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Copyright © 2015 by Pearson Education, Inc. All Rights Reserved Criminology Today, 7th Edition Frank Schmalleger Introduction to Criminology CRJ 270 Instructor:

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Presentation on theme: "Copyright © 2015 by Pearson Education, Inc. All Rights Reserved Criminology Today, 7th Edition Frank Schmalleger Introduction to Criminology CRJ 270 Instructor:"— Presentation transcript:

1 Copyright © 2015 by Pearson Education, Inc. All Rights Reserved Criminology Today, 7th Edition Frank Schmalleger Introduction to Criminology CRJ 270 Instructor: Jorge Pierrott

2 Criminology Today, 7th Edition Frank Schmalleger Copyright © 2015 by Pearson Education, Inc. All Rights Reserved Criminology Today AN INTEGRATIVE INTRODUCTION CHAPTER SEVENTH EDITION Crimes Against Property 11

3 Copyright © 2015 by Pearson Education, Inc. All Rights Reserved Criminology Today, 7th Edition Frank Schmalleger Chapter Objectives After reading this chapter, students should be able to answer the following questions: What are the major forms of property crime discussed in this chapter? What constitutes the crime of burglary? What are some of its characteristics? What constitutes the crime of larceny-theft? What forms does it take? What is motor vehicle theft? How prevalent is it? What constitutes the crime of arson? What are some characteristics of persistent and professional thieves? What are the typical activities of receivers of stolen property, and how are stolen goods distributed?

4 Copyright © 2015 by Pearson Education, Inc. All Rights Reserved Criminology Today, 7th Edition Frank Schmalleger Stolen Art Business

5 Copyright © 2015 by Pearson Education, Inc. All Rights Reserved Criminology Today, 7th Edition Frank Schmalleger Burglary Uniform Crime Reporting (UCR) /FBI definition  The unlawful entry of a structure to commit a felony or theft  Nevada definition – entry into a structure to commit a grand or petit larceny, assault or battery on any person or any felony, or to obtain money or property by false pretenses Residential burglaries do not involve direct confrontation between victim and offender but can cause fear with lasting effects Commercial burglaries can affect the continued viability of the business

6 Copyright © 2015 by Pearson Education, Inc. All Rights Reserved Criminology Today, 7th Edition Frank Schmalleger The Social Ecology of Burglary Lifestyle and routine activities theories emphasize how criminal opportunity is affected by victims' and offenders' everyday activities/environments  Structure of social life affects ease/difficulty of carrying out inclination to offend  Three ingredients are necessary: Motivated offender Suitable target and Lack of a capable guardian Highest risk are those with the highest and lowest incomes.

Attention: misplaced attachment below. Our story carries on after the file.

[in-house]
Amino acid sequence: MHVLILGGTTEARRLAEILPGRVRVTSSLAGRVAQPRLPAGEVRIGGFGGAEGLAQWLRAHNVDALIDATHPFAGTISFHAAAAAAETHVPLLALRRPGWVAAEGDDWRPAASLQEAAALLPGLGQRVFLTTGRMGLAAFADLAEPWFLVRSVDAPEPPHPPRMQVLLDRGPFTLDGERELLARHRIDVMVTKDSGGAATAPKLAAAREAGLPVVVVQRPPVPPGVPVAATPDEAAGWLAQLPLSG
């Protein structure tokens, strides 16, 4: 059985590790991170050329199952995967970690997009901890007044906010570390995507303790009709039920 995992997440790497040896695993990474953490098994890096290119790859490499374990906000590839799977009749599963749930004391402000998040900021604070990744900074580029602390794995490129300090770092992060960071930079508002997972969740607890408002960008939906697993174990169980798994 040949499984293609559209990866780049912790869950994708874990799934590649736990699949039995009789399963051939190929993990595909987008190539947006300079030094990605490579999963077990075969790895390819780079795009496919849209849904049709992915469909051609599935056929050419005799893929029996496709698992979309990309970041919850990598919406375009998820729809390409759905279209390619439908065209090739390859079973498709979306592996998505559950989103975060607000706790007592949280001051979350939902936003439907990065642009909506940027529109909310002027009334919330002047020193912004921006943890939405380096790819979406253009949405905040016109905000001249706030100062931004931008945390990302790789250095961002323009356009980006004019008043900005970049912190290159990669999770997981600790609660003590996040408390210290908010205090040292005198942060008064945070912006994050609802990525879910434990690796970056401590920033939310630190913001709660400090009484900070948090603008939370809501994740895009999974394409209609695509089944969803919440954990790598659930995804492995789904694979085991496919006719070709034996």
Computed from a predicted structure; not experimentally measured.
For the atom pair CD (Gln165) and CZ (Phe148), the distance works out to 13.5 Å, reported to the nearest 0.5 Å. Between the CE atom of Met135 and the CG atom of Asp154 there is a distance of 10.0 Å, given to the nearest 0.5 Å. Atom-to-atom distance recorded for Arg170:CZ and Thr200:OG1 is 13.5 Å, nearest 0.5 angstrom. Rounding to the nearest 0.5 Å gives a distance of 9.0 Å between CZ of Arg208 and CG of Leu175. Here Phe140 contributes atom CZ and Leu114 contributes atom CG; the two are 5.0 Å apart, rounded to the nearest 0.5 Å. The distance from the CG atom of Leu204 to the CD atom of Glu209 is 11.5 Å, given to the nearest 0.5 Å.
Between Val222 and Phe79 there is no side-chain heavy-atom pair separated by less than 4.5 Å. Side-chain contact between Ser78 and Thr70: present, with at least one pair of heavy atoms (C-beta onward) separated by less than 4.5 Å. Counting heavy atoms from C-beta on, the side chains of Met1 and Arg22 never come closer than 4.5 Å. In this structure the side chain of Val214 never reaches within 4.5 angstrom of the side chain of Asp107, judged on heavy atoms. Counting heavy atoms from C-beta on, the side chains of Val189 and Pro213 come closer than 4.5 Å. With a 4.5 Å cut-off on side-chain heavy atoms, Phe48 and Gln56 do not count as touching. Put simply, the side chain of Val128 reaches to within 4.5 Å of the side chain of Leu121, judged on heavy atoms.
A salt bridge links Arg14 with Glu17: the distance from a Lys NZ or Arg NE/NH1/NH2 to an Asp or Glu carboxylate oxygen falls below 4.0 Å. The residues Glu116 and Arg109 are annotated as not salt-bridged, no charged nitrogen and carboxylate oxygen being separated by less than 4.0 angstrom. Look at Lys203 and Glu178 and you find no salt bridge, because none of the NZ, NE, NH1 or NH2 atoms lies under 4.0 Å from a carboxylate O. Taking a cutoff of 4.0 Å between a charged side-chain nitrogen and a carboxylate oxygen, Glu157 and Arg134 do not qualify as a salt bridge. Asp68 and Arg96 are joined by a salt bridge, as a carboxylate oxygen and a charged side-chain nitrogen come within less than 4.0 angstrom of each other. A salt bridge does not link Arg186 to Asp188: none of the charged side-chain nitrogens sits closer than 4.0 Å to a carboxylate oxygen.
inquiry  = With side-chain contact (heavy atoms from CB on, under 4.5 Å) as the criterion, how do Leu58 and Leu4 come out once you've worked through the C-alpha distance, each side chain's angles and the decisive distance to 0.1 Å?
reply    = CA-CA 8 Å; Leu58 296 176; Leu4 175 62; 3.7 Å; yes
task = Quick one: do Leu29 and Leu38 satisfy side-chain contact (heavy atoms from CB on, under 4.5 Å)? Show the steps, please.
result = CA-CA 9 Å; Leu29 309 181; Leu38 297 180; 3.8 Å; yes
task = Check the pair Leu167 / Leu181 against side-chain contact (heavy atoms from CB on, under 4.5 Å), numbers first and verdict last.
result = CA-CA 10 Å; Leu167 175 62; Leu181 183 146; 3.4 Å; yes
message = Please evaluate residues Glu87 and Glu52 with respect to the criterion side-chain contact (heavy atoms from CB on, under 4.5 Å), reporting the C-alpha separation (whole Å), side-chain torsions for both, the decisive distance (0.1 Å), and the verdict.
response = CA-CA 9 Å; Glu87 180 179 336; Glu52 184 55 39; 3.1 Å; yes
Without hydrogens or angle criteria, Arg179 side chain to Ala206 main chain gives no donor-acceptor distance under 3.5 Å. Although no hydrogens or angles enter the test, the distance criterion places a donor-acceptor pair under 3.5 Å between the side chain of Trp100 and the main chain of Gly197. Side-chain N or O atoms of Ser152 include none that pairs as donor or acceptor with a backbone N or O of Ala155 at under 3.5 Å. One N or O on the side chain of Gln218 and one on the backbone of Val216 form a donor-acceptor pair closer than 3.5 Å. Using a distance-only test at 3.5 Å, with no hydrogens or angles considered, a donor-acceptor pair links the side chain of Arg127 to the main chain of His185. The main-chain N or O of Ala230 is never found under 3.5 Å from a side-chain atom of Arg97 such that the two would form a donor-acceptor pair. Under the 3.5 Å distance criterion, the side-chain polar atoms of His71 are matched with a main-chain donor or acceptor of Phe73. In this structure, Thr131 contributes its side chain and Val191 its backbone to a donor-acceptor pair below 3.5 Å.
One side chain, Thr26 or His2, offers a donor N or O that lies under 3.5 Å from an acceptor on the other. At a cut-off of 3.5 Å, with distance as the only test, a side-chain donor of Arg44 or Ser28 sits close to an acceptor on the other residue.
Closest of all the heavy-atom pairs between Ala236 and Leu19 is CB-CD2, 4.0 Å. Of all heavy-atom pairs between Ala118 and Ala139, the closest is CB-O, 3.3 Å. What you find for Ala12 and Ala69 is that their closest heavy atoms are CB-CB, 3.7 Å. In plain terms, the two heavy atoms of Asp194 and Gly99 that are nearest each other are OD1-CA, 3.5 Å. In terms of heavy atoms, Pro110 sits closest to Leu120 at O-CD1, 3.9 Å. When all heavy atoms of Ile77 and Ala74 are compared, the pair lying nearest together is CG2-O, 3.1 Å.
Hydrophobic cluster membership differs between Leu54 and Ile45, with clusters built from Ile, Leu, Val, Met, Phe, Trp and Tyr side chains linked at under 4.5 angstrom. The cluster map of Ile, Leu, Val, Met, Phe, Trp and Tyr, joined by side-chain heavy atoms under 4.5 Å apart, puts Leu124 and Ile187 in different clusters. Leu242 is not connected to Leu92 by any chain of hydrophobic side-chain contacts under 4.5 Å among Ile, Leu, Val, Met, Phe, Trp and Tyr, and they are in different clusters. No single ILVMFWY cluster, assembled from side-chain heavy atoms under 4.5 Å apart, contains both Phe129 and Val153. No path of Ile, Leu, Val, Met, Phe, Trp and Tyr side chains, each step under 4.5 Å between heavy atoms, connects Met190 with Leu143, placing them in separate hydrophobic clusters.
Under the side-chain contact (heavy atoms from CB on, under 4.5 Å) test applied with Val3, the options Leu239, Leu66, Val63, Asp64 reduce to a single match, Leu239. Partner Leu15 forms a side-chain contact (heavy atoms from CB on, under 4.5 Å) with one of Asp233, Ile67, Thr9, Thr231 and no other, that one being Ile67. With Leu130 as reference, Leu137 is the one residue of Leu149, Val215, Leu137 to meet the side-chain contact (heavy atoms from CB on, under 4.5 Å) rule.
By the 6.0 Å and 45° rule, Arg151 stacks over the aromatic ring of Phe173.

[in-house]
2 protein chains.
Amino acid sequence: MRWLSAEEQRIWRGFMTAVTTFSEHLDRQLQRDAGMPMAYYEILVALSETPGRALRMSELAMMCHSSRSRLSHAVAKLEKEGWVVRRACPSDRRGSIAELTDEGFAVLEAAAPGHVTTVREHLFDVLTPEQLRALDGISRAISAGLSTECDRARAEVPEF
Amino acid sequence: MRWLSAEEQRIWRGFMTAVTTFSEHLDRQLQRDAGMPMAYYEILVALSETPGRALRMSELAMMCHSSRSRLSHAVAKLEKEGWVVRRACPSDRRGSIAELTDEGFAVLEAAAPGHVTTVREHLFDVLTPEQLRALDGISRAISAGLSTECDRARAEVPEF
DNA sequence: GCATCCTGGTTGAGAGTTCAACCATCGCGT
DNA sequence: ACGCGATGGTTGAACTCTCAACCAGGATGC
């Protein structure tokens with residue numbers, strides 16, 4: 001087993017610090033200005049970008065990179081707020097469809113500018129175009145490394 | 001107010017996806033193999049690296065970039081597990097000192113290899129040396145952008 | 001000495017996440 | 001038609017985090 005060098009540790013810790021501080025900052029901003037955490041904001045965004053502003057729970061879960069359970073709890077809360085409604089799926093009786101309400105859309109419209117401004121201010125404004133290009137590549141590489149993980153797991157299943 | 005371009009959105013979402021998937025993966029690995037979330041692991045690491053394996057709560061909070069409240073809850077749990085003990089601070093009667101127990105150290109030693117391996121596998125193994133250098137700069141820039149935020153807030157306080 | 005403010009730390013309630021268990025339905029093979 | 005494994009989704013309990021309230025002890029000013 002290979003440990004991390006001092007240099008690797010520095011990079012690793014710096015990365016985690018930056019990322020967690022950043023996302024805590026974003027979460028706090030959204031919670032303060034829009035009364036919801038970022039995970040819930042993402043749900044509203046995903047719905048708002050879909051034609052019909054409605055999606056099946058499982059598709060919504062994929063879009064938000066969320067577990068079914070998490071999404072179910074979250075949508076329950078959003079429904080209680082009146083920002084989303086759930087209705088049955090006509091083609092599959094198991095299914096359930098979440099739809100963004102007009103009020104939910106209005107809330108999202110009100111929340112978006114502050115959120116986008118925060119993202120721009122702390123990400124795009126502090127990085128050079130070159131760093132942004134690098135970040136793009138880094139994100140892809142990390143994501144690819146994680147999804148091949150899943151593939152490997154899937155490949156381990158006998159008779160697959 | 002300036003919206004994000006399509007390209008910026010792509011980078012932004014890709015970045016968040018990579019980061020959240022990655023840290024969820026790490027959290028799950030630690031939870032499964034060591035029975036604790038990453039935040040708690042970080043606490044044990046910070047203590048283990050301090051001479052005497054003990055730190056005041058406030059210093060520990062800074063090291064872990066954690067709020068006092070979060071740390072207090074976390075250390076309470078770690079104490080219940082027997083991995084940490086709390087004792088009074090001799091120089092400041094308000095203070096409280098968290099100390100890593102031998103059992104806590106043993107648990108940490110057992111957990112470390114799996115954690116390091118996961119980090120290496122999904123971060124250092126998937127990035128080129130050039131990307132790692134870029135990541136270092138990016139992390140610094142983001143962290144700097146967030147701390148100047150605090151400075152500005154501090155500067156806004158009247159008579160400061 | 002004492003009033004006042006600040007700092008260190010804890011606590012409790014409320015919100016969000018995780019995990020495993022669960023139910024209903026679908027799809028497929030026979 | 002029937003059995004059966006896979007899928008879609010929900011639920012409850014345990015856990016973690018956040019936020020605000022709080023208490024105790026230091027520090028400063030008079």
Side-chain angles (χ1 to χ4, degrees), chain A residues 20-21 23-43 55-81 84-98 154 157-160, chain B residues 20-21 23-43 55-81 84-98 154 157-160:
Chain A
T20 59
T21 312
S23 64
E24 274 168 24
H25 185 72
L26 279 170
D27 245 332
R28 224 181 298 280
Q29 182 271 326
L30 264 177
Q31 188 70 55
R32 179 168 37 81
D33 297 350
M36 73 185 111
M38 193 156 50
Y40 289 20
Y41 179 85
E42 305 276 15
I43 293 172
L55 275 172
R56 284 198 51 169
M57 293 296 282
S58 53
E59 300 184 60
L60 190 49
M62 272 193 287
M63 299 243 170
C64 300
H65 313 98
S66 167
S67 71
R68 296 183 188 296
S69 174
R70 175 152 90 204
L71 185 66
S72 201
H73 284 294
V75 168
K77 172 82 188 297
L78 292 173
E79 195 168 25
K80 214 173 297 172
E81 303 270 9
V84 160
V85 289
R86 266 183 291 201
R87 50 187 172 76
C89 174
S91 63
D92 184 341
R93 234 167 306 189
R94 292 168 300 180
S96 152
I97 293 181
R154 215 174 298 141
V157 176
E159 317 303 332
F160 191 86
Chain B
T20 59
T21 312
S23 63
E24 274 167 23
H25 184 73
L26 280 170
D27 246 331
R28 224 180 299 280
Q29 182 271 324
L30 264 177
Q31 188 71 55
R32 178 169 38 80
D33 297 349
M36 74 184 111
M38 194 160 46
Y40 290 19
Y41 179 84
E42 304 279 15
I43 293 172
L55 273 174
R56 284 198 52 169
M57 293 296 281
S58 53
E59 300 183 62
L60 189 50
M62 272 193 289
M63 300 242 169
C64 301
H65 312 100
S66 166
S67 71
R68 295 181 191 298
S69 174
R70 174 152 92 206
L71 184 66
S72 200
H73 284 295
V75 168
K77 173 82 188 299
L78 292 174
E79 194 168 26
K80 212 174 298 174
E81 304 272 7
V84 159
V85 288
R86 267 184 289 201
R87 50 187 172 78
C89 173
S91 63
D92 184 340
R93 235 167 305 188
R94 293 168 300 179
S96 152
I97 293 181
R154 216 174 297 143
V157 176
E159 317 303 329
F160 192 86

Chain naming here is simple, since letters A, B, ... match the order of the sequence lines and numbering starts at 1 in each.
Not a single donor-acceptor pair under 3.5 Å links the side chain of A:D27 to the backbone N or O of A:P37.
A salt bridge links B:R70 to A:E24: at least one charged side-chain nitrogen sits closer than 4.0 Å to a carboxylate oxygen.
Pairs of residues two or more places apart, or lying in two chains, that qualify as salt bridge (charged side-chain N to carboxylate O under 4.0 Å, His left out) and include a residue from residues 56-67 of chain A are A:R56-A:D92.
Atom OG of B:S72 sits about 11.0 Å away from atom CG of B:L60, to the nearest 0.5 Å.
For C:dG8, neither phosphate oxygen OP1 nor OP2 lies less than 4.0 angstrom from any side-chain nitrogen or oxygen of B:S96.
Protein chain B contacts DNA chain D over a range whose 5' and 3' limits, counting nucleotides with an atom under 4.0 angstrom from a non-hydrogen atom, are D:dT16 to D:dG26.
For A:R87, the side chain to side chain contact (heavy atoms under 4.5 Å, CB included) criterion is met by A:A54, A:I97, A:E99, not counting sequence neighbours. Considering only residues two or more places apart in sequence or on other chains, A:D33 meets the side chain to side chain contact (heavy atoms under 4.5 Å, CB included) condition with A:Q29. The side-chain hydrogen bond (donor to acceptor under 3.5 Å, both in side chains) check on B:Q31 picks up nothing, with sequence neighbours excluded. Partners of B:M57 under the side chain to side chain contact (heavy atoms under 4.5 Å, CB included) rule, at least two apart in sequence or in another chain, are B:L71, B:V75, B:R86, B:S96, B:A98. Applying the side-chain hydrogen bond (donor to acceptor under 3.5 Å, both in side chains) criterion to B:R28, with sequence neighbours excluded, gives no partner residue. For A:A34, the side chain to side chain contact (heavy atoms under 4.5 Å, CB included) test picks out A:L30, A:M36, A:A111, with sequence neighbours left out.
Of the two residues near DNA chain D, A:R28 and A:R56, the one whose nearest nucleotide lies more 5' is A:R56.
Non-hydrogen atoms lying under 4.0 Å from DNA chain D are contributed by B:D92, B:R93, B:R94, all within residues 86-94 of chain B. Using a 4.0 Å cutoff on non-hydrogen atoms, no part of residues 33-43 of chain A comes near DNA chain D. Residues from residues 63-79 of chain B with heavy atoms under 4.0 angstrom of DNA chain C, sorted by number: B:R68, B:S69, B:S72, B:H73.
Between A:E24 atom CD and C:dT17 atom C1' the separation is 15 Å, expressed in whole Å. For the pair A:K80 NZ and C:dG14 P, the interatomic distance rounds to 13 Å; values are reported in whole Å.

7 Copyright © 2015 by Pearson Education, Inc. All Rights Reserved Criminology Today, 7th Edition Frank Schmalleger A Typology of Burglars Low-level burglars  Spur of the moment crimes  Mainly juveniles, work with others, easily deterred by locks, alarms, security devices  Rewards not significant, many desist as get older continued on next slide

8 Copyright © 2015 by Pearson Education, Inc. All Rights Reserved Criminology Today, 7th Edition Frank Schmalleger A Typology of Burglars Middle-range burglars  Older, vacillate between crime and legitimate activities  Less easily deterred High-level burglars  Professionals, work in organized crews  Earn a good living from burglary

9 Copyright © 2015 by Pearson Education, Inc. All Rights Reserved Criminology Today, 7th Edition Frank Schmalleger The Locales and Times of Burglary Nighttime residential and daytime commercial burglary are considered the most serious Burglary is a “cold crime” because there usually is little physical evidence to link the offender to the crime

10 Copyright © 2015 by Pearson Education, Inc. All Rights Reserved Criminology Today, 7th Edition Frank Schmalleger The Motivation of Burglars The most prevalent rationale is the need for fast cash Selection of burglary as the “crime of choice”  Burglary is familiar, the “main line”  It is less risky than other offenses  The offender may not own the necessary equipment for robbery

11 Copyright © 2015 by Pearson Education, Inc. All Rights Reserved Criminology Today, 7th Edition Frank Schmalleger Target Selection for Burglary Commercial burglaries  Suitability  Retail establishments preferred continued on next slide

12 Copyright © 2015 by Pearson Education, Inc. All Rights Reserved Criminology Today, 7th Edition Frank Schmalleger Target Selection for Burglary Residential burglaries  Key factors include knowledge of occupants, tips, observation of potential target  Other influential factors include signs of occupancy, security devices, dogs, access to area

13 Copyright © 2015 by Pearson Education, Inc. All Rights Reserved Criminology Today, 7th Edition Frank Schmalleger The Costs of Burglary Most household burglaries involve economic loss  Stolen property/money  Time lost from work Property crimes like burglary have a greater effect on the decision to move than violent crimes

14 Copyright © 2015 by Pearson Education, Inc. All Rights Reserved Criminology Today, 7th Edition Frank Schmalleger The Burglary-Drug Connection Increased demand for crack cocaine in the 1980s affected crime rates  Burglary rates decreased  Robbery rates increased Crack trade created preference for cash-intensive crimes (robbery) over burglary continued on next slide